Skip to content

Project 4: Genre Analysis Report

Project 4: Genre Analysis Report published on

Worth 35% of your course grade

  • Proposal: Worth 15 points of the Project 4 grade
  • Progress Report: Worth 15 points of the Project 4 grade
  • Genre Analysis Report: 70 points of the Project 4 grade

Calendar IconImportant Dates and Deliverables

  • Apr 04: Informal Proposal due by 11:59 PM (1-week grace period)
  • Apr 18: Progress Report due by 11:59 PM (1-week grace period)
  • Apr 26: Rough Drafts for Peer Feedback, due by 11:59 PM (No grace period)
  • Apr 28: Feedback due to two classmates by 11:59 PM (No grace period)
  • May 09: Project 4 (Final Exam) due by 11:59 PM (No grace period)


Hand-drawn briefcase iconbecome an independent writer who no longer needs a writing instructor to tell you how to compose a genre of writing Recycling iconthink about audience and purpose as you practice the kind of research you will need to do during your career

Hand-drawn File Folders with Magnifying Glass (Search)The Project Assignment

You will learn everything there is to know about a kind of writing you will do in your career. You will find online resources, interview people in the field, and analyze examples. You’ll publish your findings in an analytical report that explains how the genre works. You will write a short proposal and a progress report, in addition to the final report.

Step-by-Step Details

#1 in a maroon circleStep 1: Propose a genre to explore for your project. Return to the table you created for Project 2, or think about the writing you do or will do in your field. Choose a kind of writing that you have not previously done. Ideally, you should choose a kind of writing that you genuinely want to know more about or that you know will be critical to success in your field.

You will research the kind of writing you choose, focusing on the particular kind of writing for the next month. You will turn in a proposal for your project on Monday, April 4.

#2 in an orange circleStep 2: Set your goals for the project.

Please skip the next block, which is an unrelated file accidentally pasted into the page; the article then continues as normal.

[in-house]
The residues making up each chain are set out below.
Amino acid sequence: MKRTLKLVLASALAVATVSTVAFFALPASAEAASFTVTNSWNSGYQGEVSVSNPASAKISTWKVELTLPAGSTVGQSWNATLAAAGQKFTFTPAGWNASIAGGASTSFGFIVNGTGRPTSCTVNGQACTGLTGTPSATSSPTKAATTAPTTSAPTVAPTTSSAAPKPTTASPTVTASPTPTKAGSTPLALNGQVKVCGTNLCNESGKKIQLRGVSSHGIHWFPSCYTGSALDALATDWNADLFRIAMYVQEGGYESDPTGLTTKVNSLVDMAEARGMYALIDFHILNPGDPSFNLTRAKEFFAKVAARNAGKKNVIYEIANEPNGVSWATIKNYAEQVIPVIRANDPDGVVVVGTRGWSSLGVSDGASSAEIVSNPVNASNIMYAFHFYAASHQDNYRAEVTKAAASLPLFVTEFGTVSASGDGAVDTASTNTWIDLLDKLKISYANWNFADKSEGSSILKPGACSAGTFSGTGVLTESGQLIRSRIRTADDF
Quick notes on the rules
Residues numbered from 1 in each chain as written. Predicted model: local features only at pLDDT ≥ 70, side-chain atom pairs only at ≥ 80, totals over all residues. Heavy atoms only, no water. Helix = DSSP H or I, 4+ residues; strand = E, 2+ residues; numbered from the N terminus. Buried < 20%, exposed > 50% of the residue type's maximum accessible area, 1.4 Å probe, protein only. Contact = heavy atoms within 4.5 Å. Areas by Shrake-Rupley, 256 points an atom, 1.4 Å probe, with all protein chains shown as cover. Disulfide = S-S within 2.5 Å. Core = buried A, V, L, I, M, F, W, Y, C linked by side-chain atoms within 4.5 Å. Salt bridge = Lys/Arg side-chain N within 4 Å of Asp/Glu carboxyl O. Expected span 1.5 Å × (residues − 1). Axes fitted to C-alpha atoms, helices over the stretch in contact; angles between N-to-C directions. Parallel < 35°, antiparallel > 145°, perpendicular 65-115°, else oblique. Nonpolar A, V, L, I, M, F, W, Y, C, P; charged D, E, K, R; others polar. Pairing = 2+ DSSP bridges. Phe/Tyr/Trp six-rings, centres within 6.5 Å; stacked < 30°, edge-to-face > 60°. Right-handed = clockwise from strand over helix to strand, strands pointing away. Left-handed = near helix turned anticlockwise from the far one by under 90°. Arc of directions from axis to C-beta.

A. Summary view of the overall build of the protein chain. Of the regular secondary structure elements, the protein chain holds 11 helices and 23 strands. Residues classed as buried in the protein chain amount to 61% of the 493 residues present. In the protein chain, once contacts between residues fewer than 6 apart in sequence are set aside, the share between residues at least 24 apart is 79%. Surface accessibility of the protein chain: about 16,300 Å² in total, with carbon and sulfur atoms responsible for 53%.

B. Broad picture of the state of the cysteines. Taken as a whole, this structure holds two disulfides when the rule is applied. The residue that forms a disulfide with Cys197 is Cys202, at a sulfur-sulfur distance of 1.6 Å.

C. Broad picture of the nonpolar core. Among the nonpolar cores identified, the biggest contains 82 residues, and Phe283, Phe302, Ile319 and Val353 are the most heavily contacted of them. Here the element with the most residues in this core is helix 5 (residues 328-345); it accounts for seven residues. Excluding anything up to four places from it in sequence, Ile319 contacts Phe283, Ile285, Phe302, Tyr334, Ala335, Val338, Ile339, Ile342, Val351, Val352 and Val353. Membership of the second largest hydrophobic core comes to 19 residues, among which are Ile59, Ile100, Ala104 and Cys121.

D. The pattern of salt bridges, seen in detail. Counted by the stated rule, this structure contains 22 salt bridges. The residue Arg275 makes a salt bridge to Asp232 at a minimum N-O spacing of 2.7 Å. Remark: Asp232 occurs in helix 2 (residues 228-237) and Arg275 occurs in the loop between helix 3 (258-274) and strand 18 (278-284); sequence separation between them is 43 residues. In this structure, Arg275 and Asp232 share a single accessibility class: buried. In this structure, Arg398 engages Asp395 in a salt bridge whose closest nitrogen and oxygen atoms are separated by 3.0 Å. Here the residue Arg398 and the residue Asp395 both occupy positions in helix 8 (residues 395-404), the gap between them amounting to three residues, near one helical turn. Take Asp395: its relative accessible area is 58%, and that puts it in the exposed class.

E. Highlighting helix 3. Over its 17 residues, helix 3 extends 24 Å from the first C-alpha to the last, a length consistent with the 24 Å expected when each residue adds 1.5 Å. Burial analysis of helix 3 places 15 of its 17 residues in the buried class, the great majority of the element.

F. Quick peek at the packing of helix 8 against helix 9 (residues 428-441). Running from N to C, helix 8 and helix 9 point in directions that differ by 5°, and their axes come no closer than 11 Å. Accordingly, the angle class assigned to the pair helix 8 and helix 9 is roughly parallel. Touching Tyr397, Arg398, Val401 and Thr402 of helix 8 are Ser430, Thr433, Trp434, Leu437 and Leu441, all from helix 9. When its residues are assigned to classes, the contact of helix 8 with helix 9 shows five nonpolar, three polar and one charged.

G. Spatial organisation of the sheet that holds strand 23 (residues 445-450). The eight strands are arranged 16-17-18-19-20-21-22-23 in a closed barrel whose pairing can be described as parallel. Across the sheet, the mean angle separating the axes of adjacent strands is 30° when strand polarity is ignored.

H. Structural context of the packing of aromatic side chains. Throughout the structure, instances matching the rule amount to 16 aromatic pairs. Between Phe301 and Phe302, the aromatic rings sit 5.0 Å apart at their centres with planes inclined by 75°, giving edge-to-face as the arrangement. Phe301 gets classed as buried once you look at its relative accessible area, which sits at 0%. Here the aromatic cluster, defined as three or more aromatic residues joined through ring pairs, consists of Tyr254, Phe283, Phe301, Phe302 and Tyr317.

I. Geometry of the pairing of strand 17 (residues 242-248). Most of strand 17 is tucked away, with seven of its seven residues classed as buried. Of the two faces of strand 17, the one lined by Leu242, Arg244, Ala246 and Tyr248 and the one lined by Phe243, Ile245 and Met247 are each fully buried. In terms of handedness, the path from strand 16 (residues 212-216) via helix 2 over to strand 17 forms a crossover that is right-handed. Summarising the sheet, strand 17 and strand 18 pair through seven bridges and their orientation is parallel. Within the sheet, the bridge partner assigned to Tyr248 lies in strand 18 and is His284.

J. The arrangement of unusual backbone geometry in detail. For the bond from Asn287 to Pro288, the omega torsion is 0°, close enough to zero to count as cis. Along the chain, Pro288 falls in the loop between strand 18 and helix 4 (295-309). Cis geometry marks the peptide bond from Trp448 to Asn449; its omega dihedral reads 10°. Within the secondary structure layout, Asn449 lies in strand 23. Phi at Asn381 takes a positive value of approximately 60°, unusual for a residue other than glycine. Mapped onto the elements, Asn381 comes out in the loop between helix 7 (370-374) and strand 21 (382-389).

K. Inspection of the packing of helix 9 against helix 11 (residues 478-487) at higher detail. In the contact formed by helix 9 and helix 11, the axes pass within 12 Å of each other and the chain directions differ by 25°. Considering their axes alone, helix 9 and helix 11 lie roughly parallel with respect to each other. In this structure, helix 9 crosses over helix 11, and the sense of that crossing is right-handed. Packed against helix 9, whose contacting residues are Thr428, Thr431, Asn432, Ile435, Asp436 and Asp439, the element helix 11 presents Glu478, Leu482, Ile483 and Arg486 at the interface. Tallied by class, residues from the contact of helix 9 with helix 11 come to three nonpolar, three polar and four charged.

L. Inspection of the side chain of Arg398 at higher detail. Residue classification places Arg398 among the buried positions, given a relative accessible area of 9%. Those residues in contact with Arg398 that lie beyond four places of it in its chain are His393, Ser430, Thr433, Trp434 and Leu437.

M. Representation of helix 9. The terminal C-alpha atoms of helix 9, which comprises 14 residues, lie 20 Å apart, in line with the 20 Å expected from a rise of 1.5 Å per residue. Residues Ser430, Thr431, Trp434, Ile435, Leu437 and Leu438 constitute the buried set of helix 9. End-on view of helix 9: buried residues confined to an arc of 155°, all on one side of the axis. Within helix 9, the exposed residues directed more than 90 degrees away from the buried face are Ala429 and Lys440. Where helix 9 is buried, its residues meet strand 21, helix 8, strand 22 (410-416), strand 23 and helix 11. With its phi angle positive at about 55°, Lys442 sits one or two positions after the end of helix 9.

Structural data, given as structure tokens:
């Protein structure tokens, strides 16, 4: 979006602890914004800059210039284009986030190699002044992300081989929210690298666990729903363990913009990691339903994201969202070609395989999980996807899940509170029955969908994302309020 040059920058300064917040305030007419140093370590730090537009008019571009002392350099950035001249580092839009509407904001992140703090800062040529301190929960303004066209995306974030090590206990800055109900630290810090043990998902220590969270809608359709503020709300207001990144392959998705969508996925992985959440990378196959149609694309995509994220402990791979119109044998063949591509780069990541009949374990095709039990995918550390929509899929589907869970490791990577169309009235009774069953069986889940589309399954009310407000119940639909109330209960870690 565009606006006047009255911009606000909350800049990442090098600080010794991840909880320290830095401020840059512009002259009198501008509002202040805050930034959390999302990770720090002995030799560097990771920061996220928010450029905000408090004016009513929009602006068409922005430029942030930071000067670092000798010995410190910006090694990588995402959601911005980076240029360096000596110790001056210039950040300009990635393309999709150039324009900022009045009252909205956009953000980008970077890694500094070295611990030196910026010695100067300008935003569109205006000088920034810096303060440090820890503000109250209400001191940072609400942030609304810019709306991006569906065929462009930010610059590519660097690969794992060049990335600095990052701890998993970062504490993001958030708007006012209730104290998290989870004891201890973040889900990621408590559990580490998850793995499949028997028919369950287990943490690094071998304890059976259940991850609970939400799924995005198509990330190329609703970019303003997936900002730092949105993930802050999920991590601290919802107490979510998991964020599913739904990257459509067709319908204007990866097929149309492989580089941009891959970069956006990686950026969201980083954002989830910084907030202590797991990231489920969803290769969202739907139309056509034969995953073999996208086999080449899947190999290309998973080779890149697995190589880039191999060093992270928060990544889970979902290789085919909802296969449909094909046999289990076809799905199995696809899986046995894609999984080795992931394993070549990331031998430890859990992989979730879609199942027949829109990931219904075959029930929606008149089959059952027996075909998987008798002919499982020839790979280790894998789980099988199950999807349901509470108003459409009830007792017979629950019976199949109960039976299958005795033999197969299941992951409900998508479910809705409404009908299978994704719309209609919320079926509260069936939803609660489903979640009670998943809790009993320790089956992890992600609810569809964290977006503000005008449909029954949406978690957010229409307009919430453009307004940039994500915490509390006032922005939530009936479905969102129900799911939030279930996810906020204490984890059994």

As has been the case for all the projects in this class, you have the opportunity to aim for the grade you want to earn on this project. The options below outline what you need to do for the grade you want to receive.

No one, in my experience, aims for a D, so I have not included any details for below-average work. If you really want a D, just put in minimal effort and do sloppy work.

The letter A, in white with black outlineComplete the B-level project and then use unique strategies and details that are clever, original, creative, and/or imaginative. Your report should include well-chosen graphics or visual elements that increase its effectiveness. It should have no errors in grammar, spelling, punctuation, mechanics, linking, and formatting. The letter B, in white with black outlineComplete the C-level project and then use design elements (like headings, layout, etc.) to highlight key information and make the report easy to read and visually appealing. Your report should have no more than two or three minor errors in grammar, spelling, punctuation, mechanics, linking, and/or formatting.

The letter C, in white with black outlineWrite an analytical report that discusses the purpose and audience for a particular kind of writing used in your field. The report will discuss all aspects of the genre and will include at least 3 examples. See additional details below in Step 3. Your report should be complete, well-written, and include no more than 5 spelling, grammar, or punctuation errors.

Bomb icon (indicating a warning)Warning! No grade is guaranteed.
Make sure your work is error-free, fully-developed, and ready to share with the intended audiences. Any work that is incomplete or that contains multiple errors will not earn an A or an A-.

For instance, say the writer aimed for a B and used design elements to make the report visually appealing, but the finished text was full of typos. It was obvious the writer didn’t proofread at all. The project earns a C rather than a B.

#3 in a maroon circleStep 3: Write your analytical report.
Research and write your analytical report in your word processor. With examples and relevant formatting, your report will likely be close to 20 pages long, though there is not a minimum or maximum page length. Write as much as you need to, but be sure to include all of the required information.

Review the example genre analysis reports to see the kind of layout and design that are appropriate for your project. Be sure to include your name on your report.

The research for your report should include the following:

  • a literature review and evaluation of online resources (to learn what have other researchers already studied and said about the particular genre in question),
  • interviews with people who actually write and read these documents to learn about their experiences with it,
  • site inspection (examining the actual physical work environment or conditions researchers already studied and said about the particular genre in question, experiences with it, that affect the process of this particular genre is typically composed).

You will analyze and explain the rhetorical situation for your particular genre—that is, you will identify and explain the problem that creates the need for this particular form of written communication, the purpose and occasion that calls this kind of writing into being, or the work that needs to be done and to which this text responds.